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AMI Praha Through the bank to the office
Through the bank to the office

Through the bank to the office

On such a cold morning as today, Peter certainly didn’t feel like going anywhere. But there was a tax return to file. So he opened the website of the Tax Office on his tablet and, when prompted, logged in with his e-banking credentials. A message on the screen confirmed that he had successfully authenticated. He found the appropriate form and submitted his submission.

Before the system could process his application, he managed to take a call from his wife, Zdeňka. She reminded him of his expiring passport. He clicked through to the Citizen Portal to take care of the matter. He was done in 15 minutes. When Peter remembered how five years ago it had cost him a whole day of running, he had to smile. Today, he really wouldn’t want to go anywhere.

We can all imagine the benefits of digital communication between citizens and the state. As well as, for example, the streamlining of communication with service providers. However, there is one prerequisite for this: the unambiguous identification of the accessing user, i.e. the citizen.

At present, such a possibility is the acquisition of an ID card with a chip, which can be used to log in to, for example, the Citizen Portal (

This is due to the NIA and its eIdentity. In addition to the document itself, you need a card reader and the appropriate software. You then need to know your eID PIN to access the card itself. Today, the NIA enables citizen access to the electronic state agencies, and in the future, integration to European identity providers.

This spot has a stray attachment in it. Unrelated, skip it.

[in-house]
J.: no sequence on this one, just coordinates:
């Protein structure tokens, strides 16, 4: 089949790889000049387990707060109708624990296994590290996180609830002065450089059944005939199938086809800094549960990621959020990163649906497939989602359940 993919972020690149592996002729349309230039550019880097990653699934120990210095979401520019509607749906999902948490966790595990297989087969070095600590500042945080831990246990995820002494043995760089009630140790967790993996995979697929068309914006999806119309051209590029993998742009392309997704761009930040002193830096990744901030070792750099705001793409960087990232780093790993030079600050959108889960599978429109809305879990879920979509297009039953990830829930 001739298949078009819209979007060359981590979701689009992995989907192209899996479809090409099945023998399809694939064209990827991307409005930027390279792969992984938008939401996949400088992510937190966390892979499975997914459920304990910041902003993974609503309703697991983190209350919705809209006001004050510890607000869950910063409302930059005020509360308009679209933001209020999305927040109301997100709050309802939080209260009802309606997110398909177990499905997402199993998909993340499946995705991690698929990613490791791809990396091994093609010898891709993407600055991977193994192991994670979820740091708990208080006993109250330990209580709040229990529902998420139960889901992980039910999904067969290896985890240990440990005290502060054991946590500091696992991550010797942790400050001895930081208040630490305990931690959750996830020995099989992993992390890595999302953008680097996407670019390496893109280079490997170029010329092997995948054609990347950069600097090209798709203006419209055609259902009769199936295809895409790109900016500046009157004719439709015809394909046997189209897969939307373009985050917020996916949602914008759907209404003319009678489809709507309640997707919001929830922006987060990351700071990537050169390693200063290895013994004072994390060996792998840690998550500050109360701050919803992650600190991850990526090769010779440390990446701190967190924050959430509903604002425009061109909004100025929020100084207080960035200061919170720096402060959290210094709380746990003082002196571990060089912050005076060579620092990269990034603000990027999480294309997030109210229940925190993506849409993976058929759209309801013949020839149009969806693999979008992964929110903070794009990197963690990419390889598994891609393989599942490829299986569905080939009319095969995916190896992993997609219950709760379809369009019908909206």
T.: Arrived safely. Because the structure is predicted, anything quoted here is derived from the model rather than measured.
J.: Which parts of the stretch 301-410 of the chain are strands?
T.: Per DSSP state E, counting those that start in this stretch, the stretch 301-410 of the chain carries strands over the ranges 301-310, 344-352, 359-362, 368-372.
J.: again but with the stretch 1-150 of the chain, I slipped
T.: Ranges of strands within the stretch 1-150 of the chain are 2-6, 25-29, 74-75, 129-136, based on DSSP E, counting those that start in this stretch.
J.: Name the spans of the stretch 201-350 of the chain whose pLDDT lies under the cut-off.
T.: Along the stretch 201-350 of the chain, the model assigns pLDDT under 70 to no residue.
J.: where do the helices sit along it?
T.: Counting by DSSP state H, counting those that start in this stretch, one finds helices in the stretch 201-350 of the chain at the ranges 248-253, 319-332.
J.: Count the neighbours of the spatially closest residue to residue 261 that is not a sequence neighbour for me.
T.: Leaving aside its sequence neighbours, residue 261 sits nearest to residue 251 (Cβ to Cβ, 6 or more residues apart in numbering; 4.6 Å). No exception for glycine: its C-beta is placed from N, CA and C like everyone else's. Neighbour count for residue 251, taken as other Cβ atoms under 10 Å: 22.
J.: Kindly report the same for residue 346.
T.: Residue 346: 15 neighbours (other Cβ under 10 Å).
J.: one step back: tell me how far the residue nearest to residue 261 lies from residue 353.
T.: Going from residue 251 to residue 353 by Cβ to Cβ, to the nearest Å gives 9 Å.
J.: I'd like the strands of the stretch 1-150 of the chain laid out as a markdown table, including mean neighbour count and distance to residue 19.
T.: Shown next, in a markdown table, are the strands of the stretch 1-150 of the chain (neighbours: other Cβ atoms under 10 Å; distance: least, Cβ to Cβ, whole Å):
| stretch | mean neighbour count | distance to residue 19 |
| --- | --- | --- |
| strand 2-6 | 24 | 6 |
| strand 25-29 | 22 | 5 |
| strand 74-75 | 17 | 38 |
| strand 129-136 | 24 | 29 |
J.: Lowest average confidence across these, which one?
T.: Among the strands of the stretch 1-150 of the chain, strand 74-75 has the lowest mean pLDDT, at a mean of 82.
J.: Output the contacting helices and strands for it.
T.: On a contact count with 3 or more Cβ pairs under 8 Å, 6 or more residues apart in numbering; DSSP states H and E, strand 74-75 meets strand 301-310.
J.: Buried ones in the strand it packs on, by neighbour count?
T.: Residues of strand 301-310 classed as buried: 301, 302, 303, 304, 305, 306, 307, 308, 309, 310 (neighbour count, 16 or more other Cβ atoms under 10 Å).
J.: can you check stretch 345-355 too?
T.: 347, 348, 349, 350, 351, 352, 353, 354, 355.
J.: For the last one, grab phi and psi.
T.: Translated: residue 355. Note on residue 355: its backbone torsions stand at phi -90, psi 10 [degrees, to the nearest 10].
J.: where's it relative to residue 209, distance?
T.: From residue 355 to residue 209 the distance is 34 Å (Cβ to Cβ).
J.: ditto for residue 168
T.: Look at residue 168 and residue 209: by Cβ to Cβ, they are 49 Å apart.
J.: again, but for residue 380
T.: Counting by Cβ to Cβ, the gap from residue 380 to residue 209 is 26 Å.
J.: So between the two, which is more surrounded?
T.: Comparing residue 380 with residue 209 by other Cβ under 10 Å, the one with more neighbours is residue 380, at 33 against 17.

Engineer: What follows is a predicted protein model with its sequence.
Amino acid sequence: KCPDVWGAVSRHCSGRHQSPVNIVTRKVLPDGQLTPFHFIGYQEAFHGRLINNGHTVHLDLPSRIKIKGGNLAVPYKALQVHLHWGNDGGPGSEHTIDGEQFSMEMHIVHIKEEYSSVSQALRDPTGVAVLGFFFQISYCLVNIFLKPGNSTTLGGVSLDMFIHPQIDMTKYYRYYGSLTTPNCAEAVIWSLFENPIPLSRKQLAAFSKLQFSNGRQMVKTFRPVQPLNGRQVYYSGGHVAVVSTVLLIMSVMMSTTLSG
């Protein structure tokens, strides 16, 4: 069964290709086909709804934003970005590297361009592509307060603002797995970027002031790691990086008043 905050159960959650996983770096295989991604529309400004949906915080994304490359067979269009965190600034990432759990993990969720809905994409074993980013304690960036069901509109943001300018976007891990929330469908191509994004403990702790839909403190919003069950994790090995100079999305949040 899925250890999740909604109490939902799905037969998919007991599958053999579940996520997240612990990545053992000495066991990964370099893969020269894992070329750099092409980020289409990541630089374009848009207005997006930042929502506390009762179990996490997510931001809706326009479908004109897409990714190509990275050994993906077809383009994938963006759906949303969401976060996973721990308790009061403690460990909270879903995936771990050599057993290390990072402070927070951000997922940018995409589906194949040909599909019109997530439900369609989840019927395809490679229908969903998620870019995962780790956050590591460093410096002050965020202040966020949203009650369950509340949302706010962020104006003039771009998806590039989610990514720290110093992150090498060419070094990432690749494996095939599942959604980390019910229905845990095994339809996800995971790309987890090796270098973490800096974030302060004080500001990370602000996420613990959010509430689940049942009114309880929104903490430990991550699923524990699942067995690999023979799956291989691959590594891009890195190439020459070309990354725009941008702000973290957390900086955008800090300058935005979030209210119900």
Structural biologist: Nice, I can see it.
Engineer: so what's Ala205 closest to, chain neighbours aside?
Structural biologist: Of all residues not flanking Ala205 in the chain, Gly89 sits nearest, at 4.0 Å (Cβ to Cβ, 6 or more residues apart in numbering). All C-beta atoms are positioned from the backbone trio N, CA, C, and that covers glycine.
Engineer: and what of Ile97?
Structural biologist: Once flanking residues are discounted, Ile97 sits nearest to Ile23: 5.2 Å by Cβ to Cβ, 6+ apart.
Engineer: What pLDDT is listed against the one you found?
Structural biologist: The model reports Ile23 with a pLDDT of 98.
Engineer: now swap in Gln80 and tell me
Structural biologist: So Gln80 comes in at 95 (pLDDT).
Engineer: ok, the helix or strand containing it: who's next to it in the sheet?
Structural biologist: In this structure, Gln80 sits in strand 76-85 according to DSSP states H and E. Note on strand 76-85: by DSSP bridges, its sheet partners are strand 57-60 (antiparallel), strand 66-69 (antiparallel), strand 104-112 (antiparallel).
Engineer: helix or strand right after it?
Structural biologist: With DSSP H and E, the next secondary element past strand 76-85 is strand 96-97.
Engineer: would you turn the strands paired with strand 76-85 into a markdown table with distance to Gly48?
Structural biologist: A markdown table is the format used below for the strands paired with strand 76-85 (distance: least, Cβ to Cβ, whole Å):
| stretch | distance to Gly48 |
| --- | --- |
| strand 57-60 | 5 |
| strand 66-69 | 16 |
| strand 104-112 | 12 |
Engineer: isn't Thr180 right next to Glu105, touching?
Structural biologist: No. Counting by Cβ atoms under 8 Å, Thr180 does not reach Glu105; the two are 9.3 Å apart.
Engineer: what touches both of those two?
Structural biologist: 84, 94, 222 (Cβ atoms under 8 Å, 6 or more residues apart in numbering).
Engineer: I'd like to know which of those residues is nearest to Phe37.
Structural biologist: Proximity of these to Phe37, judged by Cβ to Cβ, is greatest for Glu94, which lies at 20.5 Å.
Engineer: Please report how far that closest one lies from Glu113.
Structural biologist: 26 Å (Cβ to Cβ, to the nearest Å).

Another interesting possibility, which is emerging under the auspices of the Czech Banking Association within the project called SONIA, is the use of bank identity. This solution is based on a fundamentally simple premise: Since banking houses have a legal obligation to verify the identity of their clients, why not use this to uniquely identify a citizen? This solution is known as BankID and the institution of identity verification is thus transferred to the banks.

Both options are interesting and complement each other. The NIA and eIdentity still have a longer way to go – eIDs have only been issued for a year, and with a validity of 10 years, it may still take some time for its universal implementation. The BankID solution is able to bridge this gap. For the state and the citizen, this does not mean any extra cost. The only prerequisite will be an existing account with one of the banks involved in the project. However, it will also be of great benefit to the third parties involved – service providers who will be able to communicate with their existing and potential customers faster, cheaper and with less risk.

Author: Petr Gašparík works at AMI Praha as an IT security consultant and identity management specialist.

The text of the article was authorized by the Czech Banking Association –